One thing I wanted to bring up was the viral #EndSARS protests in Nigeria (#EndSARS calls for the disbanding of the Special Anti-Robbery Squad, a unit of the Nigerian Police notorious for abuse on Nigerian citizens) because there’s a similarly named police unit called SAKS in your film. #EndSARS was something that made a lot of people in the world, especially in the U.S., aware of police brutality in Nigeria. Was it your intention to send a message about some of the biggest social issues facing Nigeria? What did you hope your audience would take away from the film? 

I work in the tech industry and advertising industry in Nigeria. Every couple of weeks we’ll have to go and pay money to get a kid (an employee) out of a place because he has long hair or he’s carrying his work laptop or he’s driving a really nice car.

We were going to tell the story long before #EndSARS. But #EndSARS happened, and the government put together a panel of inquiry to examine some of the demands and some of the police brutality cases. Court cases are pretty boring and nobody really has the patience for it. So I took my bag and worked from the court, every single day, providing citizen reports with a language that people can understand and add humor to it. I did that for months, so I understand this issue, rather deeply. 

What did I want the world to understand? You’re not alone in this. It’s happening everywhere. It’s a global problem: people in places of power tend to abuse power. 

This movie was heavily backed by the tech community in Nigeria. Was the intention from the jump? How did you sell the story to investors? 

The big tech guys in the industry are my friends. It was a question of going to my guys and saying, “I want to do this, this is how much I have, I would need you to come on board as well.” So, I don’t think it mattered what kind of story I wanted to tell. What really mattered was what I was trying to do with this film. I told my investors we’re going to make a film that opens the global door to African storytelling. You’re gonna get a chance to back bigger stories in the future because we’re going to open new doors of investment by being able to access new markets.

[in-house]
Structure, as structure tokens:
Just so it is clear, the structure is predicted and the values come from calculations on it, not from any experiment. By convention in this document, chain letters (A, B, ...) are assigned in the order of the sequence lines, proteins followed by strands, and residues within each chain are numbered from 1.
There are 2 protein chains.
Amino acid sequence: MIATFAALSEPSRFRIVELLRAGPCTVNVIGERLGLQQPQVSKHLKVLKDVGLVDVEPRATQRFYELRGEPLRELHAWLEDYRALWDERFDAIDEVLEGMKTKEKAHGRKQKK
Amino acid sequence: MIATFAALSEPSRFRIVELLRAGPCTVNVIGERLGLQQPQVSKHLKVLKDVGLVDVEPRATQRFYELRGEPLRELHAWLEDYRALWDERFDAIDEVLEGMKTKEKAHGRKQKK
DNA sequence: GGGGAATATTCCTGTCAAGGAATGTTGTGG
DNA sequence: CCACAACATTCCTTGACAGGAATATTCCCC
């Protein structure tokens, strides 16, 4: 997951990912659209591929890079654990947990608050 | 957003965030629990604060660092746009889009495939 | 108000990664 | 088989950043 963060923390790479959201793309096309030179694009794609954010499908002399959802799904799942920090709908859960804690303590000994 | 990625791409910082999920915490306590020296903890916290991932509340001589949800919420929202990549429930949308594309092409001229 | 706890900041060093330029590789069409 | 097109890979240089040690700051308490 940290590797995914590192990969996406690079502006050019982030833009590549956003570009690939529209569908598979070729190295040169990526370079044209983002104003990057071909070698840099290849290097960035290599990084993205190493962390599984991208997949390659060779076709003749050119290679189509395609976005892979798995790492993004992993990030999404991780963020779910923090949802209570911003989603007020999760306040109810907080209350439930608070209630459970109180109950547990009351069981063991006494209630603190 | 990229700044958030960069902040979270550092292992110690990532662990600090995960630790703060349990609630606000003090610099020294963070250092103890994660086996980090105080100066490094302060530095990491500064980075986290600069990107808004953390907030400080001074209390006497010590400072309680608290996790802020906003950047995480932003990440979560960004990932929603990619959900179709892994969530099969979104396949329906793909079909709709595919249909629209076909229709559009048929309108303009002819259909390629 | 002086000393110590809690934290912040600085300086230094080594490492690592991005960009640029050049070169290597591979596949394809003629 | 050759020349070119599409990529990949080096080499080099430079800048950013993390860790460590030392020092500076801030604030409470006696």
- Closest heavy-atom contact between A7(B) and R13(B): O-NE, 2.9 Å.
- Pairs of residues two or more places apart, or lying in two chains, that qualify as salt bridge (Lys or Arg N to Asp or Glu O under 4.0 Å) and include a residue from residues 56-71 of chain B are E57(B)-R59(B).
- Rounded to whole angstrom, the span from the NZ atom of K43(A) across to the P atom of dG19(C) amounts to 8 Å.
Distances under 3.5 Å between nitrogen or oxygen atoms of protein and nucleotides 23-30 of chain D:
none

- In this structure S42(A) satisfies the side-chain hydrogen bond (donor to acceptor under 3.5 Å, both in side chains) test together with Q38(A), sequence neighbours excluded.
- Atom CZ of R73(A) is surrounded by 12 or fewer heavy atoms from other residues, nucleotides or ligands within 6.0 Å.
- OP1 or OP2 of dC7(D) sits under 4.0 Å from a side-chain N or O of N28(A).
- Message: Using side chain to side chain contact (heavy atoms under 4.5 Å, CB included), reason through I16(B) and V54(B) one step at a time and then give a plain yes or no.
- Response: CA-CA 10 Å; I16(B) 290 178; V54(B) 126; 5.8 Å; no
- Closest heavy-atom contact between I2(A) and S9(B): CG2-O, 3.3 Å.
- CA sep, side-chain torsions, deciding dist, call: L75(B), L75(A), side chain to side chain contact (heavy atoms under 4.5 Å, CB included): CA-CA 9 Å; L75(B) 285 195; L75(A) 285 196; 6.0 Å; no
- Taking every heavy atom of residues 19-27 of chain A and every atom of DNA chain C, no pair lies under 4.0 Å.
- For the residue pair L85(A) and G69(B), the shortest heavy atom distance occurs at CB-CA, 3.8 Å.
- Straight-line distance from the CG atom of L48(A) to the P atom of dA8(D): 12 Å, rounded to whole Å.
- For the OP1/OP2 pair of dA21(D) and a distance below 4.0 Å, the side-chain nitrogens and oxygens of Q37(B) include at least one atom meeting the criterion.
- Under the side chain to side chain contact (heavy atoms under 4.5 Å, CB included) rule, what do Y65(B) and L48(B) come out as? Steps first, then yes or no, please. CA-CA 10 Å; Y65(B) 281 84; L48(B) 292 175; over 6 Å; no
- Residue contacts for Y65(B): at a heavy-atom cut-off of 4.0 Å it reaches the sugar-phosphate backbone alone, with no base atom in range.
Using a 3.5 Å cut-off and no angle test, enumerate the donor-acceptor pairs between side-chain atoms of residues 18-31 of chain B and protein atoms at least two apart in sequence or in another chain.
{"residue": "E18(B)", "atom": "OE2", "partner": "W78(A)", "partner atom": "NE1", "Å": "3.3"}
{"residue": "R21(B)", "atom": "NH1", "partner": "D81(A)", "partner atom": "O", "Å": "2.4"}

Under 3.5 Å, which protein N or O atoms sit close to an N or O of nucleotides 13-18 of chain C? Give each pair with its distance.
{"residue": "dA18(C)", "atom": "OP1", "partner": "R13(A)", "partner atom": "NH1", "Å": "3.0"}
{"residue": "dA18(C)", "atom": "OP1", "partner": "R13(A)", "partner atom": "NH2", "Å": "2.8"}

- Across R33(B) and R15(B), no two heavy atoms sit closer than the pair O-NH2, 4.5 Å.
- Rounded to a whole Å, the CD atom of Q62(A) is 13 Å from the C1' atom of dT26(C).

Do you still identify as a tech person? 

I always say that I’m an entrepreneur working in tech, advertising and film (in that order). But now I think it sounds more like I’m an entrepreneur working in film, tech and advertising. And I’m always going to do the things that give me joy. Building [advertising] campaigns that change people’s lives excites me a lot. So, of course I’m always going to do those things. Being a tech guy has made me a better filmmaker than I would’ve been if I did not have that experience. 

You mentioned the issue of distribution rather than funding at the moment. What other challenges have you identified for filmmakers trying to break internationally?

Access is a very important factor. I have to always admit that I’m an incredibly privileged person. I didn’t come to the film industry through the traditional Nigerian route. I brought my story to the table. I brought money to the table. I have to use that privilege as a service to everyone else in the industry who does not have that. It’s using the privilege of being able to raise money to help other young filmmakers raise money as well. That’s what I’m currently doing. 

If you look at The Black Book, the scenes and locations are amazing. I could get access to an actual seaport to shoot my film. That is not something that the average filmmaker at the highest levels in Nigeria has access to. I have this privilege, and I want to help other filmmakers access this privilege by making the right introductions.

Do you need every movie to be at that level of budget in order to have that access? 

For example, the military and police collaboration wasn’t as much a money thing as it was a patience thing. Having the patience to apply for military permits and police permits and waiting months for that. Money buys you time. Money is what allows you that patience. If someone wants to do the same and asks me, I will just point them to how I did it and introduce them to the people who helped me do it. Whereas for me, it was a question of knocking on several doors and finally finding the right door. I can cut 90 percent of that process and point you straight to the right door. 

‘The Black Book’ Director Editi Effiong Brings Nigerian Storytelling to Netflix: Q&A